Let me provide a bit of balance here - I would've normally gone for 4 stars but in this case 5 seems appropriate given the unreasonably harsh rating by the other reviewer! I think Ashkenazy's Mazurkas are among the best complete sets, of which there are surprisingly few. If pushed I'd still go for Rubinstein (either impulsive and spontaneous from the 1930s or more sober from the 1960s) but this is a very close second. Recommended.
on 15 July 2013
There seems to be different opinions of this double CD of Chopin's Mazurkas performed by Vladimir Ashkenazy for Decca. Ashkenazy recorded them through the 1970/80s and for me they are all beautifully played. He manages to convey the right emotions with strong but sensitive playing and it was a joy to hear my favourite Mazurkas, like the op.59 set(A minor, A flat major and F sharp minor) or A minor op.17 and C sharp minor op.6. Plus, it was also very refreshing to hear the many Mazurkas I didn't know which, of course, was due to Ashkenazy's brilliant playing. Highly recommended.
on 17 June 2008
Chopin's music is so multi-faceted and interesting. Deeply mournful, joyful, nostalgic; and I think that it is the mazurkas that show all of these moods the most clearly and the most beautifully.
Yet in this recording I can hear absolutely none of the composer's intentions. There are very few mazurkas that sound anything other than 'sight read.' There are no nuances, no subtelties. This is a deeply tragic recording. It is hard to imagine how Ashkenazy could make Rachmaninoff sound so deeply beautiful, and Prokofiev so wonderful, yet make Chopin's most gorgeous miniatures sound so boring. Sure, he can play the notes, but there is no emotion, no moments where the music seems to affect me at all. The fast mazurkas are too fast, and it just sounds like the performer doesn't understand the point of the slow ones. It is as if he wanted to record the 'Complete works of Chopin' as quickly as possible. Stay away from this recording if you like Chopin. Search Rubinstein or Michelangeli or Argerich instead. She only recorded three of them that I know of, yet they are more worth listening to than the two hours of boringness here. I've owned this set for about ten years and my opinion just becomes stronger as time goes on.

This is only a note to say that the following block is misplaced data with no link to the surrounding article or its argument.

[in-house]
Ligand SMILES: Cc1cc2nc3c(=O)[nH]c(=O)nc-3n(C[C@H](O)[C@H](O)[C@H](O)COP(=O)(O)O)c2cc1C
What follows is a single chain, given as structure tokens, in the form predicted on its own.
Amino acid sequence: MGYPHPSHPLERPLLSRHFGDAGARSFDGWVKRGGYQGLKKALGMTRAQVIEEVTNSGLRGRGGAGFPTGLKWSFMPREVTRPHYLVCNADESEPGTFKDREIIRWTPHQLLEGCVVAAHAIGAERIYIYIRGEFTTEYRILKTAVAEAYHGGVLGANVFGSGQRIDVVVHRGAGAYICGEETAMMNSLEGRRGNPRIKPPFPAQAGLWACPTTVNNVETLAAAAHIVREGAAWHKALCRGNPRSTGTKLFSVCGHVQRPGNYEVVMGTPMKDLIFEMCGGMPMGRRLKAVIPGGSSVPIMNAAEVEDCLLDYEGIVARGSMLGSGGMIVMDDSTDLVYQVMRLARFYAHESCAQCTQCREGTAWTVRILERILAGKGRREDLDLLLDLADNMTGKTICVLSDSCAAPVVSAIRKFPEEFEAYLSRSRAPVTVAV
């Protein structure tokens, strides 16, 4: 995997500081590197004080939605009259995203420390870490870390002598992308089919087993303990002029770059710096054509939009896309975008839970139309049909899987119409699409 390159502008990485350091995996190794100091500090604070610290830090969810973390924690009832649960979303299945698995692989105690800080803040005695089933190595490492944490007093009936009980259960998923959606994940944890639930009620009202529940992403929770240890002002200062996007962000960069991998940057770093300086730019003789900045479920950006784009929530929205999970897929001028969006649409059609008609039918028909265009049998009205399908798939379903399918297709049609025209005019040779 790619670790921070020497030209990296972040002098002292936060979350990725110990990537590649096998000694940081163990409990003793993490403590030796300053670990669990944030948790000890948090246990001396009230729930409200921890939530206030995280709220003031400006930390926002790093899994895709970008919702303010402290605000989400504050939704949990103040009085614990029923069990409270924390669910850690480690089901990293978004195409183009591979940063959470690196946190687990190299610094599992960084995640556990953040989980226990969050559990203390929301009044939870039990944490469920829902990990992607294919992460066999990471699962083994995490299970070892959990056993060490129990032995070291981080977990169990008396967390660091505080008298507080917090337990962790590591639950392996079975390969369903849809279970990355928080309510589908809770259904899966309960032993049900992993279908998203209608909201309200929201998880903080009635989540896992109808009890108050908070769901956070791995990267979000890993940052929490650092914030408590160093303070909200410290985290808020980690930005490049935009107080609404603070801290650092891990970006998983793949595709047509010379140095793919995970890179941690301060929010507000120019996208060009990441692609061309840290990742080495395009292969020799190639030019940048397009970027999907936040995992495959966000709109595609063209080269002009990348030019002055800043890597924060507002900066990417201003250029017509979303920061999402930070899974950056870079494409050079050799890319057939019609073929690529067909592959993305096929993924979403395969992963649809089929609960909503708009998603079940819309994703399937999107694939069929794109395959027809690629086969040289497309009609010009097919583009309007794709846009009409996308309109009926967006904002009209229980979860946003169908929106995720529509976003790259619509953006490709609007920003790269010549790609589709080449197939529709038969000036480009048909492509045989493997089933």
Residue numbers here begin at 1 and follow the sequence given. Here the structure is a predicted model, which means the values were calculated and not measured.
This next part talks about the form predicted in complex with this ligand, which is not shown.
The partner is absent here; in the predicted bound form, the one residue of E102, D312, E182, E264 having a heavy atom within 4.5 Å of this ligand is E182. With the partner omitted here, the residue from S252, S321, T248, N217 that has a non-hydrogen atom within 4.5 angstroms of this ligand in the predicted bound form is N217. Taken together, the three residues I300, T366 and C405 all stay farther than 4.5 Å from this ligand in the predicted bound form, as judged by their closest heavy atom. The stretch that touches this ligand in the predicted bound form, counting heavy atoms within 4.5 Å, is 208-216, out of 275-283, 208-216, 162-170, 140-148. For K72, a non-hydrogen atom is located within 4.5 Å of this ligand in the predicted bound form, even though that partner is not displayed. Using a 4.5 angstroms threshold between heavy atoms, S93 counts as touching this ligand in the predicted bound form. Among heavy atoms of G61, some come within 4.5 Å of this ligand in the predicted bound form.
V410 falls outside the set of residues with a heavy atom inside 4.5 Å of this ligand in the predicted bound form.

on 14 November 2012
I found myself wishing for idiomatic turns of phrase and dollops of Polish spirit / nuance. This is our due. Instead, we get a heavy keyboard presence and Russian salon music. Some sparks of Chopin are here, but all too few.
Best to pass this one up. Polish labels and Polish pianists have been well reviewed recently and those will be a better wager. This one gives the impression of an overconfident pianist taking a fly over.